How USC Football Can Still Go To The Rose Bowl

Jan 1, 2016; Pasadena, CA, USA; General view of the Rose Bowl before the game between the Iowa Hawkeyes and the Stanford Cardinal in the 2016 Rose Bowl. Mandatory Credit: Kirby Lee-USA TODAY Sports
Jan 1, 2016; Pasadena, CA, USA; General view of the Rose Bowl before the game between the Iowa Hawkeyes and the Stanford Cardinal in the 2016 Rose Bowl. Mandatory Credit: Kirby Lee-USA TODAY Sports /

USC football’s hopes of competing for the Pac-12 Championship were dashed on Saturday, but the Trojans still have a good chance of playing in the Rose Bowl.

Coming into the final week of the 2016 regular season, USC still had the ability to earn a spot in the Rose Bowl by winning the Pac-12 Championship outright.

However, with Colorado’s win over Utah, the Buffaloes claimed the spot in the conference title game, leaving the Trojans on the outside looking in.

That doesn’t mean that USC’s hopes of competing in Rose Bowl were completely snuffed on Saturday. The Trojans are still very much in the hunt for that bowl spot.

First things first. Mapping out a scenario where USC claims a Rose Bowl berth begins and ends with the result of the Pac-12 Championship game between Colorado and Washington.

If Colorado wins the conference title, either the Buffaloes will play in the Rose Bowl or they will sneak into the playoff and send the Huskies to the Rose Bowl. That won’t work for USC.

The Trojans need Washington to claim the Pac-12 title and advance to the College Football Playoff, opening up an at-large selection in the Granddaddy Of Them All.

So let’s assume that happens. Oddsmakers have set UW as a seven-point favorite over Colorado, so the probability is in USC’s favor.

In that scenario, the open place in the Rose Bowl would be decided by ranking in the College Football Playoff — the highest placed Pac-12 squad will go to Pasadena.

The question to sort out is whether or not that highest-ranked team will be 9-3 USC or 10-3 Colorado.

That’s where another thing working in USC’s favor comes into play — the Trojans are ranked behind the Buffaloes right now, but they are close enough reap the benefits of a Colorado loss.

The newest College Football Playoff rankings will not be released until Tuesday, but USC entered the weekend ranked No. 12 in the playoff poll, with two teams separating them from No. 9 Colorado — Louisville and Oklahoma State.

The Cardinals lost to Kentucky this week, closing the gap between the Trojans and the Buffaloes.

As for the Cowboys, it’s complicated, but the Big 12 Championship game between Oklahoma State and Oklahoma should further eliminate the gap. Should the Sooners win, OK State will no doubt drop out of out of any conversation involving the merits of USC and Colorado. Should the Cowboys beat Oklahoma, they would add a quality win and would surely outranked either of the three-loss Pac-12 squads.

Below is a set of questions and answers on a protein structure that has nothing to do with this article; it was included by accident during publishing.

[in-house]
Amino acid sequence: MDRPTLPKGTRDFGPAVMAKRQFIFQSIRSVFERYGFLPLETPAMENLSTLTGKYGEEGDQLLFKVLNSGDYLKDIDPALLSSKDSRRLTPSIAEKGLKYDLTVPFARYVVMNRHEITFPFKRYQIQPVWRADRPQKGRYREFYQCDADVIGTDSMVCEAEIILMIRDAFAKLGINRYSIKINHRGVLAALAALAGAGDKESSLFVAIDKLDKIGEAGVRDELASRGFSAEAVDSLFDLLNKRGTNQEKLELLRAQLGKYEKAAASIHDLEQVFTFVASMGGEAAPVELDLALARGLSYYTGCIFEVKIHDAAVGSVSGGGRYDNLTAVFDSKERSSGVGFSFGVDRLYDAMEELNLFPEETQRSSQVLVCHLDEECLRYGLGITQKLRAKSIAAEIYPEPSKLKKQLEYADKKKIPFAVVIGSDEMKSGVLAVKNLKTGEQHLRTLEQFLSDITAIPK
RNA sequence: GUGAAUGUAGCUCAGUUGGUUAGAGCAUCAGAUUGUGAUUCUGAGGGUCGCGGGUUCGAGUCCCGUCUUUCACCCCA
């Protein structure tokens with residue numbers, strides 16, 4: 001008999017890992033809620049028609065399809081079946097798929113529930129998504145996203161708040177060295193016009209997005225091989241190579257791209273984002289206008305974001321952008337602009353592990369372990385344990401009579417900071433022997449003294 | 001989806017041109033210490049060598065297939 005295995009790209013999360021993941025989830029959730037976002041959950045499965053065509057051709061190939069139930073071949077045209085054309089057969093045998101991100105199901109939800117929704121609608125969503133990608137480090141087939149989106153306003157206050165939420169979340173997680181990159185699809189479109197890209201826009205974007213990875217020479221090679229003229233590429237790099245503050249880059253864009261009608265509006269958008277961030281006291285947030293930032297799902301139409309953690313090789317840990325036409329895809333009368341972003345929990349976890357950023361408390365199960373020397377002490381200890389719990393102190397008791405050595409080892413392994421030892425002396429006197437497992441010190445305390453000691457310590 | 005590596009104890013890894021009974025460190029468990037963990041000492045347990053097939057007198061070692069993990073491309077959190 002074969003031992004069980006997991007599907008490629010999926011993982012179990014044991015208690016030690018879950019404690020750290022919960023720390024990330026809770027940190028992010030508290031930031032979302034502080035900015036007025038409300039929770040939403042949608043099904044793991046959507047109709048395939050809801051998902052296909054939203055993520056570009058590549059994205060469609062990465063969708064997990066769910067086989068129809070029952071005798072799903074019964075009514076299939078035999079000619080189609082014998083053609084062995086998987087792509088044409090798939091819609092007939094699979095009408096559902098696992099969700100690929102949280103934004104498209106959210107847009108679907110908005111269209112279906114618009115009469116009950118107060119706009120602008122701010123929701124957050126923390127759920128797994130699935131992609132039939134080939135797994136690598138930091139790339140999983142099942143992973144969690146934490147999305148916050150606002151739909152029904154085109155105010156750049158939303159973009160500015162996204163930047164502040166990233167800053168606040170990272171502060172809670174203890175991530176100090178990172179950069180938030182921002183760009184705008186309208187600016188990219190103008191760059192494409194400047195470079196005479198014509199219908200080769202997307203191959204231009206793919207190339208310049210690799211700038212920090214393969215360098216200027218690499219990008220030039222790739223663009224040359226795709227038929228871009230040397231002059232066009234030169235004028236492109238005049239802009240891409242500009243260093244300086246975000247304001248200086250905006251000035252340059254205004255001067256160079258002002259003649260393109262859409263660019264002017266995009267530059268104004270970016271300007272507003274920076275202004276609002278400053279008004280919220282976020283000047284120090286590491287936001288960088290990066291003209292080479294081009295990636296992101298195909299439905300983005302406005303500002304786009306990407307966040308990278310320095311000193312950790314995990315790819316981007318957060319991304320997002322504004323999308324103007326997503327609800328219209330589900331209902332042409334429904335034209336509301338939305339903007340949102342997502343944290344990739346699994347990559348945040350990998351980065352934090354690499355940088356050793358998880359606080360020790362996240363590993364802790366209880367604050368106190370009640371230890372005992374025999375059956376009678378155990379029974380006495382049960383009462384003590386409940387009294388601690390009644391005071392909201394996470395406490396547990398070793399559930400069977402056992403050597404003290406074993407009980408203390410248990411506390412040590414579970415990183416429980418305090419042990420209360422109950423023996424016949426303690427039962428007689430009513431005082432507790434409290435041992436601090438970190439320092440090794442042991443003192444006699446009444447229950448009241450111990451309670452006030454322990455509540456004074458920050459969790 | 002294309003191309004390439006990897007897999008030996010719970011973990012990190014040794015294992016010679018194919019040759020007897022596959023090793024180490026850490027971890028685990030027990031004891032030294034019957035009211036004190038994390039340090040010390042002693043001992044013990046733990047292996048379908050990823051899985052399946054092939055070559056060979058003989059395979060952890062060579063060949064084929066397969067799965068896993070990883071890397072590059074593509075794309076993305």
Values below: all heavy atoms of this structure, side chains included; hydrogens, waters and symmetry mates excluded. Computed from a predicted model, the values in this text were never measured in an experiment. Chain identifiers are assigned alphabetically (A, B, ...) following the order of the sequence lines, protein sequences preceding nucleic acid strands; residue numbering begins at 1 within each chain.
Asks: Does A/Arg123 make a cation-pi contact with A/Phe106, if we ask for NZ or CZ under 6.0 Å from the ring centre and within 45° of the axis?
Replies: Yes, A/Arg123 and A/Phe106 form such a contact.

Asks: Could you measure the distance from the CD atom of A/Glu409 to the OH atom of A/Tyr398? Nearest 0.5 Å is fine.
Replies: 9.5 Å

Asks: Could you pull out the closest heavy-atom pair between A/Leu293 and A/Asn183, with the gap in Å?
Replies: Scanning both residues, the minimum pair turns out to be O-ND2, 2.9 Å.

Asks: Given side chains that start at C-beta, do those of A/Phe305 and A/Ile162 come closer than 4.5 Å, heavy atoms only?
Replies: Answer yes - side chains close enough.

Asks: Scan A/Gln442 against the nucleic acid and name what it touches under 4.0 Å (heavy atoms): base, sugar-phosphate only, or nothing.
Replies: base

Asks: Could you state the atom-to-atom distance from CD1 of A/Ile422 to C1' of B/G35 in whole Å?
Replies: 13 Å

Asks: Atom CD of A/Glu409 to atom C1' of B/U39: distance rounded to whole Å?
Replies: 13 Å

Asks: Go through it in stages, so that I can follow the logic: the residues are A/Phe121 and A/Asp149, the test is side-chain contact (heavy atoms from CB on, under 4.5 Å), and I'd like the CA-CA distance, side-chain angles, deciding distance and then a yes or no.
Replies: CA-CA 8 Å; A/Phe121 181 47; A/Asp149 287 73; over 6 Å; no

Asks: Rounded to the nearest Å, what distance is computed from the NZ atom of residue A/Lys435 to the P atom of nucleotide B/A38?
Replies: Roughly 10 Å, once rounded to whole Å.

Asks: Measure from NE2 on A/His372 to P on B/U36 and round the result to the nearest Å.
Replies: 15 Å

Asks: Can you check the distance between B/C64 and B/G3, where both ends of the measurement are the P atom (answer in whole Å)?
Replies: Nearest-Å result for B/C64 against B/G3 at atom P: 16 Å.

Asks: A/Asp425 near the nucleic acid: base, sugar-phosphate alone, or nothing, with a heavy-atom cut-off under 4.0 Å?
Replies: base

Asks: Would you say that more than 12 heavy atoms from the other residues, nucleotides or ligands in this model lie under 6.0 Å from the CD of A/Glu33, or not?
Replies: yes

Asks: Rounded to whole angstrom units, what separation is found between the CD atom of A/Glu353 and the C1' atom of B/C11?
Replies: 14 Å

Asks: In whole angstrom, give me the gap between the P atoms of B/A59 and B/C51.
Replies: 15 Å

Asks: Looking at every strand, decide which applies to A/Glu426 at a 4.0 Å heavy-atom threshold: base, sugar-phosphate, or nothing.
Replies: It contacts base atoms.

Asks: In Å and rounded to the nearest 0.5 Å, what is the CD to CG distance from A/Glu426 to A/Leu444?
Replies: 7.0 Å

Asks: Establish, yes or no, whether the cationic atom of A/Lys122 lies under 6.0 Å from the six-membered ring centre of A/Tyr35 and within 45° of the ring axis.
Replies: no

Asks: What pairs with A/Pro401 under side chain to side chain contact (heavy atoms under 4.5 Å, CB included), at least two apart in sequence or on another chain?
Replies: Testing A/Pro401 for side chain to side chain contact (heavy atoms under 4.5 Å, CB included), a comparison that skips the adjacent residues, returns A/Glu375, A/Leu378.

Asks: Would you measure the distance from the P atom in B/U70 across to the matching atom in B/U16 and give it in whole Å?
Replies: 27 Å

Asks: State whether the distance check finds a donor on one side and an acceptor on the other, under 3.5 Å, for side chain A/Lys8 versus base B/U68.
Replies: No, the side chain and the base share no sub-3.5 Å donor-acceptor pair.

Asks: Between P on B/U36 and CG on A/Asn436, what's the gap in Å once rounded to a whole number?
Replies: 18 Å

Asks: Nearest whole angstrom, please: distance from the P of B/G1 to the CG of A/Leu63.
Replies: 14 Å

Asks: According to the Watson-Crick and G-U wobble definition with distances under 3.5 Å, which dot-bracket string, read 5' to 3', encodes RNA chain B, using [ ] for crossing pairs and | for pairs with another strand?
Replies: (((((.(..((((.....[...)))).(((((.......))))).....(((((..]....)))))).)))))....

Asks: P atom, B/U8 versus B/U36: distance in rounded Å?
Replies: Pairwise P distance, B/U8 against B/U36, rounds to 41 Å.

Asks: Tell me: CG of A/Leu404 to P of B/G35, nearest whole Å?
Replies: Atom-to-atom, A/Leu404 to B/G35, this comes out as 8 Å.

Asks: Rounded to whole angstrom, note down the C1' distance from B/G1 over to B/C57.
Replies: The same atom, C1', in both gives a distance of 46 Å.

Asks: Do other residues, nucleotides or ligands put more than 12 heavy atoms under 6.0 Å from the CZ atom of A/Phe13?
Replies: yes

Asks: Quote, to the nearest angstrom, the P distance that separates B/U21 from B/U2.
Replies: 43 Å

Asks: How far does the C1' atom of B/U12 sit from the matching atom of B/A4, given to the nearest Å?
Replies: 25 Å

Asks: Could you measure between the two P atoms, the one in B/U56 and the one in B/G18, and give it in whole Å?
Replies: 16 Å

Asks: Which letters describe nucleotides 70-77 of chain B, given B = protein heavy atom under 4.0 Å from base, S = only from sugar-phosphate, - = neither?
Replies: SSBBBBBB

So when it comes down to it, the College Football Playoff committee will be tasked with ranking USC and Colorado relative to each other, figuring out just how far the Buffaloes deserve to drop and deciding the Rose Bowl berth in the process.

Putting the resumes of the Trojans and Buffaloes side-by-side, there is a strong argument for the committee to value USC’s over Colorado’s.

First, here’s the argument for Colorado:

The Buffaloes won the division. They played an extra game, giving them a third loss while still holding an extra win compared to the Trojans.

Their three losses are exceptionally strong, with Michigan, USC and finally Washington all ranking in or near the Top 10 — two of those losses involved an injured Sefo Liufau.

Colorado lacks exceptionally quality wins, but they have beaten four teams with winning records this season, including teams USC lost to like Stanford and Utah.

On the other side of things, USC’s argument is strong as well:

The Trojans’ three losses are also quite strong, coming against the nation’s undisputed No. 1 team, ranked Stanford on the road and ranked Utah on the road and on short rest.

USC is considered one of the hottest teams in the country, having made a quarterback change and playing like a completely different team since then, handily beating everyone in their path.

Moreover, the Trojans boast better quality wins than the Buffaloes. They beat Colorado head-to-head and bested playoff-bound Washington on the road.

Plus, advanced statistics favor the Trojans, who currently rank No. 8 in S&P+ compared to the Buffaloes at No. 15.

In the end, it’s the head-to-head which may sway the committee. Or at least, that’s what USC fans should hope guides the committee’s decision.

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If it does and they opt to drop the Buffaloes behind the Trojans in the poll, then USC’s incredible turnaround will have the ending it probably deserves.

Though they fell to 1-3 and appeared dead in the water, USC fought back, improving every week. They avoided playing down to lesser opposition, sidestepped traps against rivals and outplayed the likes of Colorado and Washington for impressive victories.

Whatever happens, it’s not a question of whether or not the Trojans deserve to test their mettle one last time by playing in the Rose Bowl against quality opposition from the Big 10. It’s just a question of whether or not they’ll get the chance.

USC can only sit back and watch as things unfold.